The Alex Rider series of books are:
• Stormbreaker
• Point Blanc
• Skeleton Key
• Eagle Strike
• Scorpia
• Arch Angel
• Snakehead

This review is based on the Roadshow Entertainment Australia DVD

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The Spy With My Face (1965)

Country: United States
AKA: The Double Affair
Director: by John Newland
Starring: Robert Vaughn, Senta Berger, David McCallum, Leo G. Carrol
Music: Morton Stevens
‘The Man From UNCLE Theme’ by Jerry Goldsmith

The Spy With My Face is the second Man From U.N.C.L.E. movie. All the movies in the series were cobbled together from episodes of the television series with a small amount of extra footage added to pad them out. This film is made from The Double Affair and The Four Steps Affair. The movie opens in Australia, North of Melbourne, we are informed. Napoleon Solo (Robert Vaughn) in conjunction with the Australian chapter of U.N.C.L.E., led by Kit Kiteridge (Donald Harron) engage a compound of T.H.R.U.S.H. agents. The mission is successful, but Kiteridge is injured when he intercepts the path of a knife thrown at Solo.

Strangely, somebody has hidden cameras in the compound and are filming the assault. Someone is interested in Solo. It was also a test to see how fast, U.N.C.L.E. can neutralise their twelve man team.

We cut to an airplane. Inside are three people. The first is the beautiful Serena (Senta Berger), next is Darius Two (Michael Evans), and the last man’s face is hidden beneath a layer of bandages. The title of this movie, probably gives away who is under the bandages.

After the mission in Australia, Solo engages in a little R & R. He calls one of his numerous girlfriends, Sandy (Sharon Farrell), who happens to be an airline hostess, and makes a date. But Solo ends up being detained breaking T.H.R.U.S.H. codes. Sandy is understandably angry when Solo finally does turn up.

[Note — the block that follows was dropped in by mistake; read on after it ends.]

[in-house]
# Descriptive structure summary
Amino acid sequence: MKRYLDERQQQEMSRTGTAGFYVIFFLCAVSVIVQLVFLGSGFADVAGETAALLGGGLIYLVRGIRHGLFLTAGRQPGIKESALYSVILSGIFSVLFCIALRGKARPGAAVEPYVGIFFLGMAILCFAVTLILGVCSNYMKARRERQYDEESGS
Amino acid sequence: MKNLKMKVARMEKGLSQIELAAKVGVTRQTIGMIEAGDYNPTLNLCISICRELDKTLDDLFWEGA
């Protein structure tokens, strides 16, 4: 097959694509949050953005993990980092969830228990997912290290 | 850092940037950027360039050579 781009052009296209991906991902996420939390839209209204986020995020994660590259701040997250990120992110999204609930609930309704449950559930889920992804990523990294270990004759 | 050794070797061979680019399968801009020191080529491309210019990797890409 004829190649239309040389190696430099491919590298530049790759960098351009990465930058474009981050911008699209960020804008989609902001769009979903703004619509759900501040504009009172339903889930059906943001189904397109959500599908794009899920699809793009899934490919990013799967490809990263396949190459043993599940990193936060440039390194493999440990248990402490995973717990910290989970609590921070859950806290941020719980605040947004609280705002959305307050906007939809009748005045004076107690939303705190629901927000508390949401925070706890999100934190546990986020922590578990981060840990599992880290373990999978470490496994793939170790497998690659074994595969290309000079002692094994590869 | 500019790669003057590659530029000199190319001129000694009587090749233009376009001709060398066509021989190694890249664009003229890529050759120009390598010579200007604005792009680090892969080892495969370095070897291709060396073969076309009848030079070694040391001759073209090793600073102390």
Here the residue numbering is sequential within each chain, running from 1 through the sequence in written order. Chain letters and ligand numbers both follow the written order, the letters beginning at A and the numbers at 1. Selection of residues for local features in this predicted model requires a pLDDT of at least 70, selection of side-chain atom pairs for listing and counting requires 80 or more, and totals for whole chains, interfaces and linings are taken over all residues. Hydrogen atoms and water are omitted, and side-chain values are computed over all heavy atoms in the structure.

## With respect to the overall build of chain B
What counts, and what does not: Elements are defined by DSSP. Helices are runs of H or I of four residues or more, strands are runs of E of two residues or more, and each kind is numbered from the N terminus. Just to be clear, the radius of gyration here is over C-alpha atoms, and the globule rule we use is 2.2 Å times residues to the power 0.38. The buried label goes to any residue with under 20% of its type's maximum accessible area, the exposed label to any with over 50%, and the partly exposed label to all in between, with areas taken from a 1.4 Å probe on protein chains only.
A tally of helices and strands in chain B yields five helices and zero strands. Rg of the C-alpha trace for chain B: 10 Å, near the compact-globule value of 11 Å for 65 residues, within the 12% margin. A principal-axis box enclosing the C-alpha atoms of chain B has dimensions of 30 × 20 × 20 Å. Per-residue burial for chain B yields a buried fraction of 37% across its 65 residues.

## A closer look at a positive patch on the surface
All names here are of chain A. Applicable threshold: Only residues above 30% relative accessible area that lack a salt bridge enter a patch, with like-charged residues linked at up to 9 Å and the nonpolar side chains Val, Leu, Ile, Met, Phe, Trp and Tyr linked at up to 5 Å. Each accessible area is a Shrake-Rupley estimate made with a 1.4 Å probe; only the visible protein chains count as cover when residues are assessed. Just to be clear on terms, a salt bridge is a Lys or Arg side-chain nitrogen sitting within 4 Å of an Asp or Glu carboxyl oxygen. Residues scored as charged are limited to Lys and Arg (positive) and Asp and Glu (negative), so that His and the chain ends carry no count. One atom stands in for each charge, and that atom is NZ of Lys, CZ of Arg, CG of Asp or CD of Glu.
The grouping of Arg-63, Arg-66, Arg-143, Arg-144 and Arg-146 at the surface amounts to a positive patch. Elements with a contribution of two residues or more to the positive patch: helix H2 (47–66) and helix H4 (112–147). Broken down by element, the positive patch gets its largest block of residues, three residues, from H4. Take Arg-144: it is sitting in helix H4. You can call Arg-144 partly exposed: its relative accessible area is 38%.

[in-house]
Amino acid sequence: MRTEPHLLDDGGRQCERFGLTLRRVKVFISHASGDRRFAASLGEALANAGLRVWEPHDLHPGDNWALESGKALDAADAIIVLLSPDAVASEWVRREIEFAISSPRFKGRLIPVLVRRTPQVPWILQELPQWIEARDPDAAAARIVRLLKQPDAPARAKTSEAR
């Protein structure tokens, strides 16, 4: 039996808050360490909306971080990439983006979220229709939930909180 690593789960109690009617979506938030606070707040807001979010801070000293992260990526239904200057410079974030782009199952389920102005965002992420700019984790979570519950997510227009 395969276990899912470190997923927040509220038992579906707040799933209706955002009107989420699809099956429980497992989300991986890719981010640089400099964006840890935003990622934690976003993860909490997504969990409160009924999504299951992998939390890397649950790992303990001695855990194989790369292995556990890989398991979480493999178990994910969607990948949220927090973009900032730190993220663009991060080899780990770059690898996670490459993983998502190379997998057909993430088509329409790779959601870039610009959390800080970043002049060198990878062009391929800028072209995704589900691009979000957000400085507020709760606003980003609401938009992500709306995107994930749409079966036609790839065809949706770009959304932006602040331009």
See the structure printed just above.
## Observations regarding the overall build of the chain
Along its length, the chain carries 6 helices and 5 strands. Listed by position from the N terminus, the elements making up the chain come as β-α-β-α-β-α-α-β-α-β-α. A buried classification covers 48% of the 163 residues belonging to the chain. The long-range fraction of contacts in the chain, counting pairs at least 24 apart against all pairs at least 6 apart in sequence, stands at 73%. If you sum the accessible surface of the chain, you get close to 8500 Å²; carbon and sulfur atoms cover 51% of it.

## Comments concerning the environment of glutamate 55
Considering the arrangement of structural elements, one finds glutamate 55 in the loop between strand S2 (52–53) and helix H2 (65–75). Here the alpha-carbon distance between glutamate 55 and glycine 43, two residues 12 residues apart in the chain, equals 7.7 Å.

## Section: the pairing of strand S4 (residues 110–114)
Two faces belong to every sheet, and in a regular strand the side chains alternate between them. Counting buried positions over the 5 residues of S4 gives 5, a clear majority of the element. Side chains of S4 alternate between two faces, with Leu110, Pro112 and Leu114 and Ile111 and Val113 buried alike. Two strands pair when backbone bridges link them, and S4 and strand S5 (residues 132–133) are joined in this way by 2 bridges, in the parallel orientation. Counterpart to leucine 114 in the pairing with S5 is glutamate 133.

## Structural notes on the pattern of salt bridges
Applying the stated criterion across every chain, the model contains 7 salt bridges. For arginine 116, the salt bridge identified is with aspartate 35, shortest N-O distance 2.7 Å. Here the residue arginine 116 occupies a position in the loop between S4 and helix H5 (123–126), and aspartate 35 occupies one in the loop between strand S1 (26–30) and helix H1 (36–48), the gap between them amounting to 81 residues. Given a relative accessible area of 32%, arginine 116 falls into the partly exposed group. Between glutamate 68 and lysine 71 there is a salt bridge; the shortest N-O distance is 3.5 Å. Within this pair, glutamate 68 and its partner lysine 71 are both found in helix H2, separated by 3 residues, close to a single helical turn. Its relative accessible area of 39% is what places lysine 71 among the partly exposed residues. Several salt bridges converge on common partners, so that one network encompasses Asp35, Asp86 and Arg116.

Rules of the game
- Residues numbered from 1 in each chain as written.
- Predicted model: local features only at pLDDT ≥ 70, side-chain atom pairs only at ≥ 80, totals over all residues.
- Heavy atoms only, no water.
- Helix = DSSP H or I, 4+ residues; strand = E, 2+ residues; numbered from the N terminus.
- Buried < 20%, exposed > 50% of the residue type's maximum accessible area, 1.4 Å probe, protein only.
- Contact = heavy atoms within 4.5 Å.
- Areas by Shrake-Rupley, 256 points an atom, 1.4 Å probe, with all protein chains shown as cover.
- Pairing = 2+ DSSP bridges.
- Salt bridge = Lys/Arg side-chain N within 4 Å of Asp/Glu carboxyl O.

Meanwhile, Illya Kuryakin (David McCallum) has been working late as well. As he leaves U.N.C.L.E. headquarters, he is attacked by two toy robots. Doesn’t sound very threatening, does it? Naturally Kuryakin disables the toys.

The next day, Solo is trying to repair his relationship with Sandy. He takes her to dinner at an exclusive restaurant. During the meal, Solo is called to the phone. Selena is waiting for him at the receiver. They talk, but Sandy feels neglected and comes to see where her dinner companion has got to. She isn’t happy to see him with another woman. Solo ends up wearing a plate of spaghetti and Sandy disappears into the night. But there’s still Selena. Solo goes home with her, has a shower and washes off his dinner. Then the doorbell rings. At the door is Solo’s doppelganger. Before he can react, the real Solo is gassed and put on a plane to Zurich. The impostor takes Solo’s place.

At U.N.C.L.E. headquarters, the impostor is briefed on the August Affair, a mission which will take him and Kuryakin to Washington to meet two other agents and retrieve a suitcase. Inside the suitcase is the combination to a top secret vault. The vault’s combination is changed every August (hence, The August Affair). What’s inside the vault? Well that’s the big secret!

Unbeknownst to the two agents, they are being supplied backup in the form of agent Kitt Kitteridge, who has recovered from his knife wound. He is to protect the suitcase couriers from ambush.

Solo’s double and Kuryakin collect the suitcase, which is handcuffed to Solo’s wrist, from Washington, along with another two escort agents, and then board another plane bound for Switzerland. But guess who is one of the hostess’ on the flight. But of course it is Sandy. The fake Solo doesn’t recognise her. Needless to say she is a little peeved and spills not coffee on him. The impostor goes to the bathroom to clean up, but in fact opens the case, photographs it’s contents and closes it all up again. But he has made a mistake. One of the buttons from his jacket has fallen off and is now shut in the locked case.

Kitteridge realises all isn’t as it seems. He suspects that Solo may be an impostor, but before he can do anything about it, he is killed by a cyanide cigarette. Smoking kills once again.

This is where the films starts to get interesting and a little trippy. The Man From U.N.C.L.E. Generally wasn’t considered to be a very psychedelic series, but this instalment has some weird things going on underground and some coloured filters are given a good workout. I’ll leave the synopsis at this point, but any film featuring two Napoleon Solos is heading to an inevitable climax.

The Man From U.N.C.L.E. films, while being entertaining in their low-budget kind of way, are generally pretty poor. The pace often lags and the sets look studio bound. This film really takes it’s time in building up to the climax, and it can be quite frustrating watching the story. You know where it’s going but it takes so long to get there.

But fans of the series, regardless of what I say, will generally enjoy this movie. Others will find this movie a bit of a chore to sit through.